“Over there,” Bill pointed, his jacket buttons still popping with pride. “Over there” it seems was still the private property of that small house overlooking the forest.
We were ushered away from the rightful owner’s property faster than a runaway sleigh down a mountainside. Gone were the yipping dogs chasing gleeful children, gone was the sweet smell of hot apple cider; gone was the song in my heart; gone was that lousy Norman Rockwell, who I would be told years later by Stuart Smalley, “paints lies.”
Stripped of our saw and our dignity, we watched as several once smiling Christmas tree helpers, tied the “it’s never going to fit inside that vehicle” tree to the top of our VW bus, and even then a healthy four feet hung over the back-end. After a whopping fifty dollars changed hands, along with the promise we’d never return, we headed down the mountain road to the long drive home. My childhood dream turned nightmare, I fumed about how things could never be easy, how I just wanted to cut down our own tree, how I wanted my little girl dream to come true. I’ll admit there was even a moment during that dark ride when I almost gave in to the reasoning behind my mother’s solitary Christmas tree shopping.
Fortunately, by the time we got home I had calmed down and knew all would be wonderful once again when we got the tree inside and decorated it (as a family unit) with lights and ornaments. Just one little problem faced us at the door. Here’s an important fact that I will share with you: before cutting down a tree in the woods, consider the size of your living room, height of your ceiling and, more importantly, the width of your entry door. I’m not placing any blame here, but Bill was the math teacher in the family. Before we could even get the tree into the house we had to cut off almost four feet from the base.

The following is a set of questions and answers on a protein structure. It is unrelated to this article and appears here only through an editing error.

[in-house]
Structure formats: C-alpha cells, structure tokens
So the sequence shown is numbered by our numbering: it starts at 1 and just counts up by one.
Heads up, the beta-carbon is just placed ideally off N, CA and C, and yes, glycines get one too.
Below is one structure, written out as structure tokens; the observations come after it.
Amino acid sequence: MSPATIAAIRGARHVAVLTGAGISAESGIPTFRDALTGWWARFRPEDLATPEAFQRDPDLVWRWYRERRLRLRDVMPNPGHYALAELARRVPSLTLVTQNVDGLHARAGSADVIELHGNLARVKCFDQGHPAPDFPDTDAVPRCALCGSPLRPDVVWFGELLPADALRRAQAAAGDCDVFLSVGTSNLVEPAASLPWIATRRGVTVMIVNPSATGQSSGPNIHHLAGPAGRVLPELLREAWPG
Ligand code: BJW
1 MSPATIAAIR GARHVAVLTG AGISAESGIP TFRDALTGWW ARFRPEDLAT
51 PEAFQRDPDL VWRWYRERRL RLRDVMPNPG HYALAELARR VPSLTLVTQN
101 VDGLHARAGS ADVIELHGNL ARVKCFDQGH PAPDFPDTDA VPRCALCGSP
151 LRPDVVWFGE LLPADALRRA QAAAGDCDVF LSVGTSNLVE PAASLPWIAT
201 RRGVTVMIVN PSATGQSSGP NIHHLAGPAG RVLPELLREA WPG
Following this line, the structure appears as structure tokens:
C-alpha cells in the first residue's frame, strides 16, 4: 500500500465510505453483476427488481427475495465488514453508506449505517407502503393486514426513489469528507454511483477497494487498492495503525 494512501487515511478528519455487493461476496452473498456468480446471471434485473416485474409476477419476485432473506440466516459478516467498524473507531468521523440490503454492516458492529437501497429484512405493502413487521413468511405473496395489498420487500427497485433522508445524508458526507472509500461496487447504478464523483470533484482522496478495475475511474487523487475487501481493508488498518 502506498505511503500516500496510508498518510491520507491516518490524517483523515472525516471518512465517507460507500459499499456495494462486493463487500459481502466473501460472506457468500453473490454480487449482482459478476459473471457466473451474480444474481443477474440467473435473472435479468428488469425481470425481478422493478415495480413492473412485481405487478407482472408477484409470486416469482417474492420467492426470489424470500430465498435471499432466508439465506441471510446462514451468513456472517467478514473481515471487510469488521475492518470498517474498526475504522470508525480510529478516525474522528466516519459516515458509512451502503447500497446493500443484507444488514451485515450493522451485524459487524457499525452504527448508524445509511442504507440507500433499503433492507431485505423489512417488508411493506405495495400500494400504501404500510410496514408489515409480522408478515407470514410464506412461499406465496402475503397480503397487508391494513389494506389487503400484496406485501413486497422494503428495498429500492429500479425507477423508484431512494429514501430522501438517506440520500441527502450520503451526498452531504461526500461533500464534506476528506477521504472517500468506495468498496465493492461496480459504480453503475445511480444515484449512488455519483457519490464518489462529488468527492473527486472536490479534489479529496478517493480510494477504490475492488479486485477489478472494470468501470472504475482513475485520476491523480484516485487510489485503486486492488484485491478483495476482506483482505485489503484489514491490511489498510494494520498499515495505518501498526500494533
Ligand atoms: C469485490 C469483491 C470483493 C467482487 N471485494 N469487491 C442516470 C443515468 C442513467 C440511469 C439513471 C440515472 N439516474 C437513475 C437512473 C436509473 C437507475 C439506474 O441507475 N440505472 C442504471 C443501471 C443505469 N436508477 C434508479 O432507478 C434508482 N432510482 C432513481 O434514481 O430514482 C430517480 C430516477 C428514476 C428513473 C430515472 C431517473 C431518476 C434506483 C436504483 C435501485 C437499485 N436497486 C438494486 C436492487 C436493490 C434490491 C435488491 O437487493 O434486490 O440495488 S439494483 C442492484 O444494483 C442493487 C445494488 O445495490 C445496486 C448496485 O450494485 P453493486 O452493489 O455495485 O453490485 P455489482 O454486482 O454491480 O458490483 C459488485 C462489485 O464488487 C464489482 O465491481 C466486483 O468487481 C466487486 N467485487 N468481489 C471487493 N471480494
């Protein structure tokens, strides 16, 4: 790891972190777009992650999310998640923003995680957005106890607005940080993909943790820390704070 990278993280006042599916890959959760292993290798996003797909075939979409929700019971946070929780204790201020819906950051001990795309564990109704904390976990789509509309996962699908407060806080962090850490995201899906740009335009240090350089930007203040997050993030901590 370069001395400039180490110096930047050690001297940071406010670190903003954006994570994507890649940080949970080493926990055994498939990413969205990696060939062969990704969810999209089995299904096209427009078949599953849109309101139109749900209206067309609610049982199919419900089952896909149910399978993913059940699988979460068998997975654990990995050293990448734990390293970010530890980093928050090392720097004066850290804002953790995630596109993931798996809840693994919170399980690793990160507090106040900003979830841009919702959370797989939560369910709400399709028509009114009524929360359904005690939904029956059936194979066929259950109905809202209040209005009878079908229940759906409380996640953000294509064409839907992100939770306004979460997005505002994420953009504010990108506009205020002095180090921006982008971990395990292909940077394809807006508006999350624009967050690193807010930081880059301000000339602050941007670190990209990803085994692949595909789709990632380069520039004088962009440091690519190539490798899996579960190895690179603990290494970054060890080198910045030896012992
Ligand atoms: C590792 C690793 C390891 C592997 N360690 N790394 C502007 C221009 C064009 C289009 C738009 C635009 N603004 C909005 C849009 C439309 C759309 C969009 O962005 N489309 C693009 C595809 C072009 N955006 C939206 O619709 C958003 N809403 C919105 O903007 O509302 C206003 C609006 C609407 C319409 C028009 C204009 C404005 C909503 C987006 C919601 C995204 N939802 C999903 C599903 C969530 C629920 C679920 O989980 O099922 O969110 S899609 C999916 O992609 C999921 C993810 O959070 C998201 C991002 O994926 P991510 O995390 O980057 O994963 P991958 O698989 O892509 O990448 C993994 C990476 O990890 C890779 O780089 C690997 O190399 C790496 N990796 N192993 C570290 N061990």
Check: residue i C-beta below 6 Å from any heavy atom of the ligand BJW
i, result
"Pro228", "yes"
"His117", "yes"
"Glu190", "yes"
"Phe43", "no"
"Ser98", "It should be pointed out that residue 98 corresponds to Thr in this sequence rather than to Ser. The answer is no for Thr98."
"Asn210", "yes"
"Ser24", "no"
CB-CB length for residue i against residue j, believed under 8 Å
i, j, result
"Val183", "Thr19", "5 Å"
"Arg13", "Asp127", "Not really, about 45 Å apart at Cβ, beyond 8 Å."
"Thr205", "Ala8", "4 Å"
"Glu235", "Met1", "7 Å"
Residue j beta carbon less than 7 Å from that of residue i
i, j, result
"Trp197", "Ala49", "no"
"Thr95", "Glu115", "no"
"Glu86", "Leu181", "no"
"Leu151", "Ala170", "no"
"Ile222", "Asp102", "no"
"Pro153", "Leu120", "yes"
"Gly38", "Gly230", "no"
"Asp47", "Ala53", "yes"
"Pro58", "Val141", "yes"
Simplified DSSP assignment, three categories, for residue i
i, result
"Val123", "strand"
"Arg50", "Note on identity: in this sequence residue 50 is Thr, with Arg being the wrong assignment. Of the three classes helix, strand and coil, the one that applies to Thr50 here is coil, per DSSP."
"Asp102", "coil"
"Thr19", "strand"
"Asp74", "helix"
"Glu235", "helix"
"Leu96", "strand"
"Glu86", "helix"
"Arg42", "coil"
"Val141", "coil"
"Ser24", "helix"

After tying up the tree’s limbs and wrangling with it as if a wild bucking bronco, we eventually got it inside the house. Once inside, the tree was so large and cumbersome we had to tether it with wires to the walls. So wide at the base, we had to inch our way around the tree and squeeze through the door to the hall and bedrooms. But after a few days, and more than a few hot buttered rums while retelling the story of our disastrous trip to the Christmas tree farm, and the ensuing laughter it garnered, I, too, learned to laugh.
We kept our promise to the happy-go-lucky fellow and never returned to the mountains to cut down a tree, but we did keep up the family tradition of picking out the perfect tree together every year thereafter. And though Bill, Nate and I spend our Christmases far apart from each other, I can still see my chubby toddler in his lumberjack outfit, the sun shining down on him; I can still see Bill’s pride as he felled that tree, and my heart fills with a glad memory of a little girl’s dream coming true.
Norman Rockwell didn’t paint lies. I have the pictures to prove it.
Photo © Michaelene McElroy – All Rights Reserved
A version of this story was originally published at Greetings From Coupeville
Guest Author Bio
Michaelene McElroy is the author of “The Last Supper Catering Company.” At present, she lives in the woods on an island in the Puget Sound where magic is ever present.
Blog / Website: www.michaelenemcelroy.com/